Features will normally be rendered directly to the ground texture, but optionally 3D styles can be used for features, creating 3D geometry for them instead. Examples of 3D styles could be abstract shapes used for markers (pyramids, spheres), slightly elevated roads, buildings, and imported custom 3D landmarks (Eiffel tower in a map of Paris, etc).
The ground textures will be rendered using the normal 2D rendering pipeline (although the 3D renderer could offer an extension point for custom texture renderers).
The 2D ground rendering should take place in a background thread. While it is ongoing, a rougher version can be displayed by using previously rendered ground textures from a higher quadtree level, or a placeholder image can be used.
Soft transitions in the texture may be needed at the edges between MapBlocks of different resolutions. This could be done in the graphics card, using shaders.
Different features may have labels that should be shown. They are best rendered to a texture, and shown as a billboard (3D polygon always turned towards the camera)
Markers can be either 2D or 3D.
2D markers are simply icons / pictures rendered to a texture and shown on a billboard, like labels.
3D markers use some built in shape (sphere, pyramid, cube) in a solid color or textured with some texture. Alternatively they can use a custom 3D model (e.g. Eiffel tower, map pin, etc ).
Building Rendering (optional)
Buildings or city blocks may be represented by arbitrary polygons on some maps. They can be rendered as 3D by simply extending the polygon upwards, giving it a height. It might also be textured, and depending on the style of building, the roof could be sloped. The style how to render buildings would probably be specified as some kind of metadata for a larger area (e.g. downtown has taller buildings with flat roofs, while suburbs have lower buildings with slanted roofs).
Initially just a simple fixed height, flat roof, untextured building style could be implemented.
See Instant Architecture (pdf) for one approach on building texture generation.
See Automatically Generating Roof Models from Building Footprints for a paper on generating building roofs.
There is also a lot of research on automatically creating 3D buildings from satellite photos (identifying building shape and height from the shadows that they cast), but that is out of scope for this project.
Forest Rendering (optional)
Optionally, forest and vegetation could be rendered using multiple textured layers for each MapBlock, as described in Forest Scenes in Real-Time . The extent and type of a forest could be specified by polygonal features or coverage (which one is normally used?).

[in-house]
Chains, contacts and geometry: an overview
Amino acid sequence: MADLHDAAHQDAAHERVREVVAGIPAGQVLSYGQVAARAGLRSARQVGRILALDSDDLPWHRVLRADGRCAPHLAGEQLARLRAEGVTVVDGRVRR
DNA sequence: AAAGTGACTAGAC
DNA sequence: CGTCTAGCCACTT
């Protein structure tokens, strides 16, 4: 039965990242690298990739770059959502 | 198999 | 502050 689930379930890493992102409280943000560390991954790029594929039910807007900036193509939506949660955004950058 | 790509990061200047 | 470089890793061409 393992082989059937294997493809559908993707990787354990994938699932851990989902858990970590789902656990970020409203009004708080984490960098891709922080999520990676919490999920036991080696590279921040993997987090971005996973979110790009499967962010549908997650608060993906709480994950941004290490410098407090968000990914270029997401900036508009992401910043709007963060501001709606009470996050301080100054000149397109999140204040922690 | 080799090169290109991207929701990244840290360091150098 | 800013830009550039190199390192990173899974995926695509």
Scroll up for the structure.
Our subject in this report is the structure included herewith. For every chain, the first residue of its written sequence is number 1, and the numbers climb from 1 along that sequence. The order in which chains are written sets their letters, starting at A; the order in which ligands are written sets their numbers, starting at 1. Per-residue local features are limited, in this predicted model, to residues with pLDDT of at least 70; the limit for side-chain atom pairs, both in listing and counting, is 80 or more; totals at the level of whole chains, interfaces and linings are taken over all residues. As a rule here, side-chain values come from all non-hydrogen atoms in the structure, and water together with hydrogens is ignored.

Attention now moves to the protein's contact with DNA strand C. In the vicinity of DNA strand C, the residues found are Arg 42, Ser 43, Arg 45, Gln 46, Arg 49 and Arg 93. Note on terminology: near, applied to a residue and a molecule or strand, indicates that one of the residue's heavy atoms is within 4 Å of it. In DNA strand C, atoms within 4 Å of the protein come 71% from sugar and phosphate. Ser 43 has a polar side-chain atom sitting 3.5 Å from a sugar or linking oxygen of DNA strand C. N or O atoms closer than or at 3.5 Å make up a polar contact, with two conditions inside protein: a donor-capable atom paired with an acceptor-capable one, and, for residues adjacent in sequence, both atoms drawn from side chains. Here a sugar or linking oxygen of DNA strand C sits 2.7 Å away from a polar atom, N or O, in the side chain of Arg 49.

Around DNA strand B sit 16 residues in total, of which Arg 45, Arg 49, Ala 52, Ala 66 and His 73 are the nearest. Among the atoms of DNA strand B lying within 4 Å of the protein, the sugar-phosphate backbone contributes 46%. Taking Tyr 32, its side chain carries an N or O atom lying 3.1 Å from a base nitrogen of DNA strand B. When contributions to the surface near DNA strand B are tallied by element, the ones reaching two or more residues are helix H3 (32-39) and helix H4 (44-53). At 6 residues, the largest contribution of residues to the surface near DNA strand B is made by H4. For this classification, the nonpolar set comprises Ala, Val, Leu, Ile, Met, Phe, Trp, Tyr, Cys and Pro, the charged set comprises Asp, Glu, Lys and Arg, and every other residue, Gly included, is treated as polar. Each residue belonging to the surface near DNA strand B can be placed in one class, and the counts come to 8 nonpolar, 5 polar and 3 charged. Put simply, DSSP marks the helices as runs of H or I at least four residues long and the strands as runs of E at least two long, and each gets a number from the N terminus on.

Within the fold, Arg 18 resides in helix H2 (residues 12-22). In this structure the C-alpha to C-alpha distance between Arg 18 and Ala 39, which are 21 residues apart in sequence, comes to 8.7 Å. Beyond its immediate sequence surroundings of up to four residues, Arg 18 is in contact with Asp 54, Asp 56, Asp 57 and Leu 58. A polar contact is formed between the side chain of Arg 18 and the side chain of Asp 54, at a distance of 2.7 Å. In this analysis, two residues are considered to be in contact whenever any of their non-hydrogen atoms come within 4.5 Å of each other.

Globe View (optional)
It would be nice to be able to support a globe view, where the earth is shown as a sphere, in addition to a detailed low altitude view, and provide seamless transitions between them. However, for now it remains a lower priority.
To optimize rendering, features could be classified by size and/or importance (significance). Only features with a significance over a certain threshold would be included on a MapBlock. The significance threshold would be lower for small, detailed MapBlocks close to the camera, and higher for large MapBlocks far away from the camera.
Optionally the rendering speed of 3D markers, buildings, landmarks, and such can be sped up by rendering them to impostor textures, which are always turned towards the camera, and only updated when the camera moves significantly in relation to them.
Point And Click
Another problem that needs to be solved is picking - determining which feature or map coordinate has been clicked when the user presses a mouse button over the 3D view. At least for 3D features, picking could be solved by using an existing 3D scenegraph, such as JME.
The 3D view should include at least some rudimentary navigation support based on mouse and keyboard input, but allow clients of the library to override those.
I'm leaning towards using the Java Monkey Engine (JME). It is a scenegraph library built on top of LWJGL, and is actively developed. It would provide a number of useful features, such as visibility culling, picking, impostor support, and Swing integration (it's terrain support is not very advanced though, but that is what I'm working on here).
Shaders may be utilized, although the 3D renderer should also work without them.
The 3D renderer might be using a lot of texture memory too, depending on the resolution settings specified by clients.